Succession planning is nothing new. Organizations have been doing this for years and arguably, they do a better job than ever before of preparing internal candidates for new leadership roles. Most leaders today have a probable successor identified, whether that successor be a short time fill in until a longer-term candidate can be found, or someone who could take the reins for the long term. Kudos to you and your organization if you are attending to this critical piece of leadership development.
When successors are being prepared for a C Suite role, the succession planning stakes are that much higher and more complex. We've all heard the statistics about the costs of a failed executive hire. Forbes estimates 2.5 times the salary, which can easily reach into the millions. And anyone reading this article has likely experienced/witnessed the additional costs in human terms. Yet, knowing this, organizations continue to "miss" sometimes when grooming some candidates for the C Suite, even when (in the case of an internal successor) the candidate has been observed and known for years.
Why do these misses occur? Sometimes, the leader who was a superb VP can't "level up" to enterprise-wide, strategic thinking. Sometimes, the leader who connected well internally doesn't spend the time/build credibility with the larger internal and external stakeholders. Other times, leaders struggle with the ego-challenge of leading those who used to be peers/allies. And of course, if a transformational change is required—requiring a rethinking of a business model, a strategic plan, or a customer or digital experience, coming from "within" means shifting a culture that one has had a part in maintaining. After all, culture eats strategy for lunch.
The biggest issue of course, is an organization must predict, from past performance, what someone's future performance will be. And the future performance is in a leadership role that one has never had. The Leadership Pipeline, by Charan, Noel, and Drotter, is a classic book describing the competencies, values and time applications required as one moves up the leadership ladder. This model has helped countless organizations envision what the next leader needs to be and do. However, accurately being able to predict WHO can actually do make the transition up the ladder, is an art and science.
The "art" of this prediction is rooted in a CEO or Board's intuitive sense, from years of observation and experience, who has what it takes to succeed. Since internal candidates are known quantities, we also have actual job performance to evaluate. We have the perspectives of peers, cross functional stakeholders, direct reports, customers, and leaders to inform the choice. How could so many smart, savvy leaders get this wrong? Yet they do.
Because the "art" of selection is just that, an art. It is rife with unconscious and conscious bias. It includes politics, popularity—leading to the "halo" effect, in which unqualified candidates are viewed as "the one." Or the opposite, the so-called "horn" effect, a cognitive bias in which we ascribe negative attributes to someone who may really BE qualified.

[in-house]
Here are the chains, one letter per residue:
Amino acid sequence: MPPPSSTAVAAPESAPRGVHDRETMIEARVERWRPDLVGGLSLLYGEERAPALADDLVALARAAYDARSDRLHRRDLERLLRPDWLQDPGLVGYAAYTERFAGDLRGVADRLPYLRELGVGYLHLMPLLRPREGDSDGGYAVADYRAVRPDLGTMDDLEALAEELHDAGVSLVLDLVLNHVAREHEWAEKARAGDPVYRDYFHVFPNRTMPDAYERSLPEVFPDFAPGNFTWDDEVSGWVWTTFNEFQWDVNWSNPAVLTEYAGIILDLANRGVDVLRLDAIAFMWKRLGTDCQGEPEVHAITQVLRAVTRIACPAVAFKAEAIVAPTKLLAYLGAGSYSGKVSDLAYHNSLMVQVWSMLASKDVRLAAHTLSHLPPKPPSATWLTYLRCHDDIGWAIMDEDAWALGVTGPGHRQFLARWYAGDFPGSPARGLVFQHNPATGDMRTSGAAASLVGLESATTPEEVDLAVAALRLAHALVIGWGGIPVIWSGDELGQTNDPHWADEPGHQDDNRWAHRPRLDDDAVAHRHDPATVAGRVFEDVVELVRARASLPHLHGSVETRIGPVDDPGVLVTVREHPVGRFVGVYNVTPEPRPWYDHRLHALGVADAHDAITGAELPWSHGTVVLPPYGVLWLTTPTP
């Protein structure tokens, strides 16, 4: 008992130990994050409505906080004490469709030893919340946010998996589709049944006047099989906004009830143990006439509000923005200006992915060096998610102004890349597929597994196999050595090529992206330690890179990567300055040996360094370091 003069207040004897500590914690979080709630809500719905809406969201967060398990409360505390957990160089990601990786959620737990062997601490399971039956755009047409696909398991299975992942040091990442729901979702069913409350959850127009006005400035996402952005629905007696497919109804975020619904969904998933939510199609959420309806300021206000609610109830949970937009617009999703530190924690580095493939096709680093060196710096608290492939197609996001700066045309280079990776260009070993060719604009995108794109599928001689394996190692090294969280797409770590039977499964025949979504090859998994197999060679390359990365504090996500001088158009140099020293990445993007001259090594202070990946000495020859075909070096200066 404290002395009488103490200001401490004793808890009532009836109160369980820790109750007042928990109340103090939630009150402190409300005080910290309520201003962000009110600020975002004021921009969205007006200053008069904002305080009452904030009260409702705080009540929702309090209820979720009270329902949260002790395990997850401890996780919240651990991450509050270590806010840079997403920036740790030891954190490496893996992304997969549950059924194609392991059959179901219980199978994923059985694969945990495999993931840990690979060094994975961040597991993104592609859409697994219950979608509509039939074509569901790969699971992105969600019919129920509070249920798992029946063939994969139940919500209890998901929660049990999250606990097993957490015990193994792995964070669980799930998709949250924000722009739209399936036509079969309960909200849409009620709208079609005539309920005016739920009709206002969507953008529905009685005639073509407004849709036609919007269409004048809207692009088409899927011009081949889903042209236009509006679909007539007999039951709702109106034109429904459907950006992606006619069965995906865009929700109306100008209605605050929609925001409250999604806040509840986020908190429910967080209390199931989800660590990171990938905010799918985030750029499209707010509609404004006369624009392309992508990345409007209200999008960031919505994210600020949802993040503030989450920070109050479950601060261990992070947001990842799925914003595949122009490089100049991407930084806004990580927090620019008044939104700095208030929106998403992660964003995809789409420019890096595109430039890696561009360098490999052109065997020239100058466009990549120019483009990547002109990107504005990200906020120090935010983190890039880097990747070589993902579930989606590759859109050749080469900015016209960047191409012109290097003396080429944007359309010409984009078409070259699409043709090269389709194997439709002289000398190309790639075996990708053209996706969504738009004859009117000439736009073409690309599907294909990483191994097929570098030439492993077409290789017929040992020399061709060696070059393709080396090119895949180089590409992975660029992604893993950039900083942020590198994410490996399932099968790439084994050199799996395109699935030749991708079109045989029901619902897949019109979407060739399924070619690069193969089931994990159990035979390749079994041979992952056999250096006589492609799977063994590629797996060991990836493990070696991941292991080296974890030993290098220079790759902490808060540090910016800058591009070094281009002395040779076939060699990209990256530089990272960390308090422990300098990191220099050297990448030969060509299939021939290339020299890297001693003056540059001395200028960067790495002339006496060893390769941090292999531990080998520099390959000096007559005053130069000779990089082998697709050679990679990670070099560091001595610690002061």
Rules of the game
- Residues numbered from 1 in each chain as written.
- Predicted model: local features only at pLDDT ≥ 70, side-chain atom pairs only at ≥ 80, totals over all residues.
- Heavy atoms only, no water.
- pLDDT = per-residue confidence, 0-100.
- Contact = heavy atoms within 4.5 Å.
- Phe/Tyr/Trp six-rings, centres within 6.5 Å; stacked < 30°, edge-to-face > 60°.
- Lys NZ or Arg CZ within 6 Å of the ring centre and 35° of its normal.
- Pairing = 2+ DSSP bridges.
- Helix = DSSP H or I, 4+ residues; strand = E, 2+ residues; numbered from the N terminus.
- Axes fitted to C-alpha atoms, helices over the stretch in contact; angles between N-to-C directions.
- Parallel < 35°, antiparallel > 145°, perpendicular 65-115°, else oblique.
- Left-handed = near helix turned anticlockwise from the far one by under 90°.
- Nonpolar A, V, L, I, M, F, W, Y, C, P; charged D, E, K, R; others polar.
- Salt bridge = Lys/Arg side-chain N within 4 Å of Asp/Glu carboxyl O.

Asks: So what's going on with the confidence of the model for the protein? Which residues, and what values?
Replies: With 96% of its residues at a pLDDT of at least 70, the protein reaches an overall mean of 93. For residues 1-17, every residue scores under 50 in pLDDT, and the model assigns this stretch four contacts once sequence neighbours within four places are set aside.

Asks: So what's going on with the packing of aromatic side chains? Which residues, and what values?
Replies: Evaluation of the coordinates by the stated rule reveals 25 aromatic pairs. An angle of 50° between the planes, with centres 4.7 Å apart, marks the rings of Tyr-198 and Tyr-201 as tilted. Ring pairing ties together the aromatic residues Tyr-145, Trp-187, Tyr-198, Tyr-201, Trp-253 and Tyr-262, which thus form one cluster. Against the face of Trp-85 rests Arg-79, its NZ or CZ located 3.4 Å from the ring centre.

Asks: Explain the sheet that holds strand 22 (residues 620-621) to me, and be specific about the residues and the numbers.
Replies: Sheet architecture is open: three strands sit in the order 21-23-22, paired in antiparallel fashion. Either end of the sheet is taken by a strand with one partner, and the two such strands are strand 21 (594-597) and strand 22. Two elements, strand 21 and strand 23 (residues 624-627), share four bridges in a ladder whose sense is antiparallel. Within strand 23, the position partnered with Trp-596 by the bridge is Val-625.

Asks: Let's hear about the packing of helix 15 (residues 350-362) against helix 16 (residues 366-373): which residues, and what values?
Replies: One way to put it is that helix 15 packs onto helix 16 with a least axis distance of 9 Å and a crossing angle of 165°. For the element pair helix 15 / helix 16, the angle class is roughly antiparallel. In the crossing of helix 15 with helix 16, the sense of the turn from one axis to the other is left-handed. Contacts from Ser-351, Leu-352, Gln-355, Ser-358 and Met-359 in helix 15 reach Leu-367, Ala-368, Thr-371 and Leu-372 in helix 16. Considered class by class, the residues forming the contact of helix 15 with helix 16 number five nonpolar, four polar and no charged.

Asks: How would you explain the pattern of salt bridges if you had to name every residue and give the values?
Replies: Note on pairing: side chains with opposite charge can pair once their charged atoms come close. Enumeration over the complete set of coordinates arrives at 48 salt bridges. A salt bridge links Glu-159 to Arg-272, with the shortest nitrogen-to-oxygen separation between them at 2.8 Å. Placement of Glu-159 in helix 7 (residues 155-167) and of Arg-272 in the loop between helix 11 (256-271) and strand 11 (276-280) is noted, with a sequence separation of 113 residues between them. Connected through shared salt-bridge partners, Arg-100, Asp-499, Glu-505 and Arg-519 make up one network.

So, what's an organization to do? The Bailey Group has partnered with organizations for years to help them add the "science" of selection to their succession planning efforts. With our experience in pre hire selection, we can predict with the aid of valid, reliable, and objective tools (including the Hogan Suite of Assessments), who has the competencies and characteristics that predict success in executive roles. With our decades of coaching experience, we can also help not only identify those candidates but help develop any gaps in competencies and experiences so they can hit the ground running when an appropriate opening occurs. We advise them in their on-boarding, being already aware of what is necessary to succeed. And we help them assess, build, and align their new teams, as well.
Furthermore, our process of succession planning attends to all the stakeholders in the process…candidates, the CEO, and the Board. After all, not all successors who are groomed or throw their "hats" in the ring for a position are selected for an "open-now" role. And no organization wants to risk losing those unchosen high potentials—especially because a candidate believed the process to be unfair, misleading, or got their ego bruised by not being selected immediately.
To prevent this, we facilitate dialog and openness throughout the process to assure there is alignment between stakeholders on each candidate's aspirations, interests/values/purpose, and skills/talents. In this way, candidates, the CEO and the Board are more aware of what is needed in the role, and who has the most appropriate constellation of experiences, competencies and characteristics to fill it. What we have found is our process develops MORE executive leadership talent across the organization, for positions that may be open today, or next year, or after that. The high potentials feel valued and stay motivated for what may come next. Sure, turnover occurs but less often than is feared.
If you are wanting to start or improve your succession planning efforts, growing and developing the talent that's needed for the future of your organization, The Bailey Group would love to partner with you. Give me a call.